Document Type (Journals)

Original Research


Many occupational therapy students navigate the transition to the Level II fieldwork experience effortlessly, while others require support due to a lack of perceived self-efficacy. This perception dramatically impacts fieldwork performance and challenges academic fieldwork coordinators to support students struggling to believe in their own capabilities. This study utilized a quantitative quasi-experimental research design with a purposive sample of 16 occupational therapy assistant students to determine if an educational intervention increased perceived self-efficacy and overall confidence. Data collected from the Student Confidence Questionnaire (SCQ) pre, and post-intervention provided insight into the students’ report of perceived self-efficacy and overall confidence during the Level II fieldwork experience. This questionnaire assessed the domains of professional competence, communication, adaptability, innovation, risk-taking, supervision, and clinical practice (Derdall et al., 2002). The educational module included an introduction to the key concepts of self-efficacy, self-assessment, and reflection, seven weekly reflective practice journal assignments centered around domains of the SCQ, and feedback using a reflective practice rubric to scaffold the development of self-efficacy. A statistically significant increase occurred in self-efficacy and overall confidence after the intervention across all seven domains of the post-test SCQ. The results indicated that the educational module created an influential impression on the development of self-efficacy and overall confidence during the Level II fieldwork experience. Level II fieldwork performance was not measured. Considering that many students struggle with perceived self-efficacy this educational intervention provides a potential solution to support fieldwork students challenged by a lack of belief in their own capabilities.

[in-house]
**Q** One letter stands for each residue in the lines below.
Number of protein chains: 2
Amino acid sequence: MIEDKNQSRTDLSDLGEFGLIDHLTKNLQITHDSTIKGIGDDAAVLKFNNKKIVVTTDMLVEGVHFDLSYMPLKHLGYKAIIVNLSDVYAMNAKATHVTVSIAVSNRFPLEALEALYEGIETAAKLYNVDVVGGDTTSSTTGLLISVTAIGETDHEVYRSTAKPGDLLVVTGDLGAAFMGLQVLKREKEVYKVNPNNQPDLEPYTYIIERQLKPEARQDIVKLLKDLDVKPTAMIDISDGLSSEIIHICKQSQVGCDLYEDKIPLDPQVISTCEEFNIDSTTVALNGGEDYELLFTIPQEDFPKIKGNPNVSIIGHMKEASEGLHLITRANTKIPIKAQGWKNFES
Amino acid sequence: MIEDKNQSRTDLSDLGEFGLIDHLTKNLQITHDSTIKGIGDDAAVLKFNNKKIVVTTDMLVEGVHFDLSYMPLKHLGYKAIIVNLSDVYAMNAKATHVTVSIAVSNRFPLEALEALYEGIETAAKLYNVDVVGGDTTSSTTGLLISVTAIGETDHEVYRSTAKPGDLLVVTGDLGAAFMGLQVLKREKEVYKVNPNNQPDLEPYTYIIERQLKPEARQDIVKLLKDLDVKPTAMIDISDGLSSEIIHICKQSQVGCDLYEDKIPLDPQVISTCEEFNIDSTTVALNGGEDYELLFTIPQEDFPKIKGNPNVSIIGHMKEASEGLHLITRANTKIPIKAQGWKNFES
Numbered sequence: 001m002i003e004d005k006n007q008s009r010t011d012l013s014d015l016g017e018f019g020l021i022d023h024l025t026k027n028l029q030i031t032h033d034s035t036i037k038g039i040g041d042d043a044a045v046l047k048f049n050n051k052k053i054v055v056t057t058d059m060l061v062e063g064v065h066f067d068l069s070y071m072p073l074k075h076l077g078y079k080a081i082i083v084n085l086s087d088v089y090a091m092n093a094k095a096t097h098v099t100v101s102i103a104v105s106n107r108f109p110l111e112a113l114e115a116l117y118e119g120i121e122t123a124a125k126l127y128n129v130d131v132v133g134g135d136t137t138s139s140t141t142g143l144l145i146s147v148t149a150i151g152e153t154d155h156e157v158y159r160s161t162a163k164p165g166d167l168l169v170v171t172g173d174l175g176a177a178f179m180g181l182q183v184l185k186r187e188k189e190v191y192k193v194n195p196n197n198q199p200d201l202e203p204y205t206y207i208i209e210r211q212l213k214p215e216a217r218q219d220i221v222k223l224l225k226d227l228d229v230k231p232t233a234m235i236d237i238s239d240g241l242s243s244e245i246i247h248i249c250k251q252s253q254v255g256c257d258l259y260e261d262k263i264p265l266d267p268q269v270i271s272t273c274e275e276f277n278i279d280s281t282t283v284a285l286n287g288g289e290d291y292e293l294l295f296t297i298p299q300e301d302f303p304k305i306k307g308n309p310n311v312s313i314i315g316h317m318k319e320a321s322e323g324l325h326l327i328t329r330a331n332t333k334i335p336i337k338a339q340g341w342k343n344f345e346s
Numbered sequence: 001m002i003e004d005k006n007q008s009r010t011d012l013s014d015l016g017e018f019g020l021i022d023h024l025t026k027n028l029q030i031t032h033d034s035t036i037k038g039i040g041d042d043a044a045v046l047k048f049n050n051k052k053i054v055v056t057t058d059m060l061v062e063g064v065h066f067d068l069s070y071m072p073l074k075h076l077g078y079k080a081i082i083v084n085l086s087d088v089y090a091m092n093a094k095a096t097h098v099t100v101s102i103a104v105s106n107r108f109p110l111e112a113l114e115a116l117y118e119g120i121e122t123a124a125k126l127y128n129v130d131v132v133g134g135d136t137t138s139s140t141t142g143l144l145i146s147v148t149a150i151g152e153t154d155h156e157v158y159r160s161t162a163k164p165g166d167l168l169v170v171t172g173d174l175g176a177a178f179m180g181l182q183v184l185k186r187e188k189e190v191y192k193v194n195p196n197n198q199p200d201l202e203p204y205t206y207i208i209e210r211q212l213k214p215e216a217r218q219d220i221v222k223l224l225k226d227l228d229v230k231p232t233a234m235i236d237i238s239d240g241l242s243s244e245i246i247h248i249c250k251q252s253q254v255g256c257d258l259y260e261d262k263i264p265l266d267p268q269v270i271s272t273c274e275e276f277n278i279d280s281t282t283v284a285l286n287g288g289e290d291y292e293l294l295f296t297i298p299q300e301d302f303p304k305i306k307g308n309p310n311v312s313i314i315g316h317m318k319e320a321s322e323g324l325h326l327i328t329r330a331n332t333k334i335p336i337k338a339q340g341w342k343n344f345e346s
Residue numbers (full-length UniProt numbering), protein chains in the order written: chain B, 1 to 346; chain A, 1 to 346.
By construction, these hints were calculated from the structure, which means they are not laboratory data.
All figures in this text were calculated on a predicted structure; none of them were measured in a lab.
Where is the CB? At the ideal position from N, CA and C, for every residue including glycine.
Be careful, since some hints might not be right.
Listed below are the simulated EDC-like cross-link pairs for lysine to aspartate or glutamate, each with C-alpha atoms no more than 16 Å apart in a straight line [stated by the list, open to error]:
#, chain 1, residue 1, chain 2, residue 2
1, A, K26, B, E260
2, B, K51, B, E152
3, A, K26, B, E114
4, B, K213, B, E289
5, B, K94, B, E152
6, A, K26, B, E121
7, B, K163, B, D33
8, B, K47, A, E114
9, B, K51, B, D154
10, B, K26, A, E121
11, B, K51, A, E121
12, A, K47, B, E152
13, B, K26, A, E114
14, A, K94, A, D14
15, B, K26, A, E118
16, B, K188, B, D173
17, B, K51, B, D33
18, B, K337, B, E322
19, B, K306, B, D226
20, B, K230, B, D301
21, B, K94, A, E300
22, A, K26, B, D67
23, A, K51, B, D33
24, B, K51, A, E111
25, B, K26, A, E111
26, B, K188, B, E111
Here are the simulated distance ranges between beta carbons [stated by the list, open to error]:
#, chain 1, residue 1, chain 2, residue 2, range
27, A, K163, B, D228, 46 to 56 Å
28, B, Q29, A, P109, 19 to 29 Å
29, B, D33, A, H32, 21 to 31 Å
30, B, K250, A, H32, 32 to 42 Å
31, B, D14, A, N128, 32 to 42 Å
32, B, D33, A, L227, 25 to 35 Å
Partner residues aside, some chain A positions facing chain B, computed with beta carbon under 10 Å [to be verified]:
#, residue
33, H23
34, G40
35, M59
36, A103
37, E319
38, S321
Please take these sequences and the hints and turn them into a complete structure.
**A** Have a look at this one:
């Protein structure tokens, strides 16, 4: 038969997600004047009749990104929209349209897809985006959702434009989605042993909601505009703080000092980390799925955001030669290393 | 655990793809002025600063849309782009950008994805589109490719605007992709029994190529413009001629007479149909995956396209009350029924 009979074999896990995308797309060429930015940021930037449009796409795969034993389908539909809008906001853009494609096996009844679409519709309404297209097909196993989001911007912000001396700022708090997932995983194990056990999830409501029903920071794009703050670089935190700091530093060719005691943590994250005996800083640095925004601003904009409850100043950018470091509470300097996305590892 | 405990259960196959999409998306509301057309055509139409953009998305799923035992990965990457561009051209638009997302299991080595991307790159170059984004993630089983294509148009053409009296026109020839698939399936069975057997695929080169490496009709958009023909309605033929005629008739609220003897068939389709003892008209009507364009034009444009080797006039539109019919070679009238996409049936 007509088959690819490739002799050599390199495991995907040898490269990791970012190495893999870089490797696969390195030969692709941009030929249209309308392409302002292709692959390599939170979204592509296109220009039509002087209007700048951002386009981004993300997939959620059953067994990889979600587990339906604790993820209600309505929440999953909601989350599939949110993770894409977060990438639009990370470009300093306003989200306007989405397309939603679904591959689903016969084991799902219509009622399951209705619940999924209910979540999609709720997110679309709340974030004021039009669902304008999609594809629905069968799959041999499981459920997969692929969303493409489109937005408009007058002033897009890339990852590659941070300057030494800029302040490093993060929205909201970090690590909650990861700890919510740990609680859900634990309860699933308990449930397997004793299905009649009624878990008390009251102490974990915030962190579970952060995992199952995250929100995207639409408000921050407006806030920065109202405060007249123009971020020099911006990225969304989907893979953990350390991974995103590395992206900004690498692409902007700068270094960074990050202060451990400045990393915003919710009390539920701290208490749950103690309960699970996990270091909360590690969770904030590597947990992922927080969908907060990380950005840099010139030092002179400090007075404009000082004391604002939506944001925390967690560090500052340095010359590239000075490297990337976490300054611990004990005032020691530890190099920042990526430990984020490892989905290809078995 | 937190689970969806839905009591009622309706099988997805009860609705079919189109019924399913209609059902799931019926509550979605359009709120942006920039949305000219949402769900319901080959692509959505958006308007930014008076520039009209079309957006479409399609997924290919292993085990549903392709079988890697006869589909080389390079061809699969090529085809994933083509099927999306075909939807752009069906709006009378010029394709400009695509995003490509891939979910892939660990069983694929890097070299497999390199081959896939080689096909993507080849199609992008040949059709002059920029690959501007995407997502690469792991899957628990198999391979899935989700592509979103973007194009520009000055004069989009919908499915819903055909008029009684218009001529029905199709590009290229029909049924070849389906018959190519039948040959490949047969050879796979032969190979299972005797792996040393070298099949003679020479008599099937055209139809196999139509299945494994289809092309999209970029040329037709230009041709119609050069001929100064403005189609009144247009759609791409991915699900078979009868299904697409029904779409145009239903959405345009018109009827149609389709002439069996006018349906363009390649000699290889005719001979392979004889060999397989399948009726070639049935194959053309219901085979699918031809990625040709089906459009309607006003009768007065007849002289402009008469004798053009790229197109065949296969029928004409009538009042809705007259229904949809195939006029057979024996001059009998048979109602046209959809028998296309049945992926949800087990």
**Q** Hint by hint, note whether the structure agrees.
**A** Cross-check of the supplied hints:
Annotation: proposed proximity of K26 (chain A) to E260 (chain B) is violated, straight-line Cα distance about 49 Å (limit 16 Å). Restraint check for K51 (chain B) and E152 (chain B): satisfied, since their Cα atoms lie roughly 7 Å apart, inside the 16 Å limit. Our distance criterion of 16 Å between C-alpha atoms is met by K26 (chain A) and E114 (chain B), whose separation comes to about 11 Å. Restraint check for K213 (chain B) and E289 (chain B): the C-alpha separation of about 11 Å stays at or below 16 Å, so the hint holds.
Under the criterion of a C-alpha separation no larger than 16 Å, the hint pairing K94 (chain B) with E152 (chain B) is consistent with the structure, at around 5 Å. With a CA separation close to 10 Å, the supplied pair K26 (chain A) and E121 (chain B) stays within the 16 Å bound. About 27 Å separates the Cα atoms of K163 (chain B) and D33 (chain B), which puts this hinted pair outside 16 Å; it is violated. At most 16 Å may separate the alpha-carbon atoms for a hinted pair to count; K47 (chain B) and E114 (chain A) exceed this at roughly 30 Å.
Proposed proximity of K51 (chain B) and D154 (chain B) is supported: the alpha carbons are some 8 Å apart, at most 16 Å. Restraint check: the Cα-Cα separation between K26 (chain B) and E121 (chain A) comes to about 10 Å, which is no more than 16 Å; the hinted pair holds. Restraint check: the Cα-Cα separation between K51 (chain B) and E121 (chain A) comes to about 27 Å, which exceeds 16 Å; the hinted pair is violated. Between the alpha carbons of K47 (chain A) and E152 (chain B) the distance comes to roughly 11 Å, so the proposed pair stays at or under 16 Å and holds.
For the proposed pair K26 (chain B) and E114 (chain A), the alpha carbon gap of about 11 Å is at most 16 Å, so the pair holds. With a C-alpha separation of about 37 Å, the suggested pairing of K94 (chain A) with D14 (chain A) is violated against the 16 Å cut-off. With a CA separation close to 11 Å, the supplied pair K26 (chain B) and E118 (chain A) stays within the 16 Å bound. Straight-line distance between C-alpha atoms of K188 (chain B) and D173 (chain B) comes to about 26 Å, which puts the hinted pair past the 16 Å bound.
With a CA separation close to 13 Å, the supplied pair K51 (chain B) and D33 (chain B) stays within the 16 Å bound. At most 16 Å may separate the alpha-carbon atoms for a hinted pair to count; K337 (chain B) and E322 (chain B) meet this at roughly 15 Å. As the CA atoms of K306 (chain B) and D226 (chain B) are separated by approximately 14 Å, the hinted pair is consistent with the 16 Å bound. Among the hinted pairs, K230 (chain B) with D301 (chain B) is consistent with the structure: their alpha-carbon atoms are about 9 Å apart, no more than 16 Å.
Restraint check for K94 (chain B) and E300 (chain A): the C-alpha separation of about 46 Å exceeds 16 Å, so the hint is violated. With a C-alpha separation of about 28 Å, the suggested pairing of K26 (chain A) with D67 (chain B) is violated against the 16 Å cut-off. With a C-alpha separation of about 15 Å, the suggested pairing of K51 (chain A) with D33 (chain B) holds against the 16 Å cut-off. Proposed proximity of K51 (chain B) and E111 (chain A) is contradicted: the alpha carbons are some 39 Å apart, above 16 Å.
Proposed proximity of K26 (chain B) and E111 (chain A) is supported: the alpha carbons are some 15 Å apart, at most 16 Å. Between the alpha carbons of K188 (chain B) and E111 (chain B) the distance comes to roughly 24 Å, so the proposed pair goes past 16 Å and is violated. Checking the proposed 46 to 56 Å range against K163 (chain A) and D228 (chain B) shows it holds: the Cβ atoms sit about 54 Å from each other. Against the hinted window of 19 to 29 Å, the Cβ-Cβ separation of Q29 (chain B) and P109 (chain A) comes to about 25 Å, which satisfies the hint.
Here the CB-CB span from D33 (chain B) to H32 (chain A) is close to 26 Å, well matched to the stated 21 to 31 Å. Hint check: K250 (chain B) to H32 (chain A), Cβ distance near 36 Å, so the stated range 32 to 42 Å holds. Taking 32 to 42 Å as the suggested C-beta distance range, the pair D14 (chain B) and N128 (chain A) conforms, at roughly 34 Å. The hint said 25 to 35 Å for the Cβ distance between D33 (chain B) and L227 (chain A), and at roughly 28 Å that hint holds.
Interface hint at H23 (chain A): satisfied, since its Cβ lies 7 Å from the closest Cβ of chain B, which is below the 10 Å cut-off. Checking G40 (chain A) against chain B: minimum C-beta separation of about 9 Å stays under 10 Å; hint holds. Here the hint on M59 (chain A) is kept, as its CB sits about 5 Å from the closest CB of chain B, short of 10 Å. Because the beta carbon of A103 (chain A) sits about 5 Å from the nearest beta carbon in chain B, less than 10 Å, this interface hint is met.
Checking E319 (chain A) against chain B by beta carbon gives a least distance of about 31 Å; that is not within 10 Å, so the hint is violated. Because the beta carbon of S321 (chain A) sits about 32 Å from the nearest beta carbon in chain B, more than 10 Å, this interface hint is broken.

Kristy Meyer, OTD, MS, OTR/L, BCP is an assistant professor and doctoral capstone coordinator in the Institute for Occupational Therapy Education at Widener University. She received a bachelor’s degree in occupational therapy from Alvernia University, and both her post-professional master’s and doctorate degree in occupational therapy from Mount Mary University.

Julie H. Hunley, Ph.D., O.T., CLT is an Associate Professor of Occupational Therapy at Mount Mary University in Milwaukee, Wisconsin. Dr. Hunley’s research includes the scholarship of teaching and learning, oncology and lymphedema rehabilitation, and population-based interventions for lowering disease risk and improving well-being in African American women with breast cancer.

Declaration of Interest

The authors report no declarations of interest.

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Creative Commons Attribution-Noncommercial-No Derivative Works 4.0 License
This work is licensed under a Creative Commons Attribution-Noncommercial-No Derivative Works 4.0 License.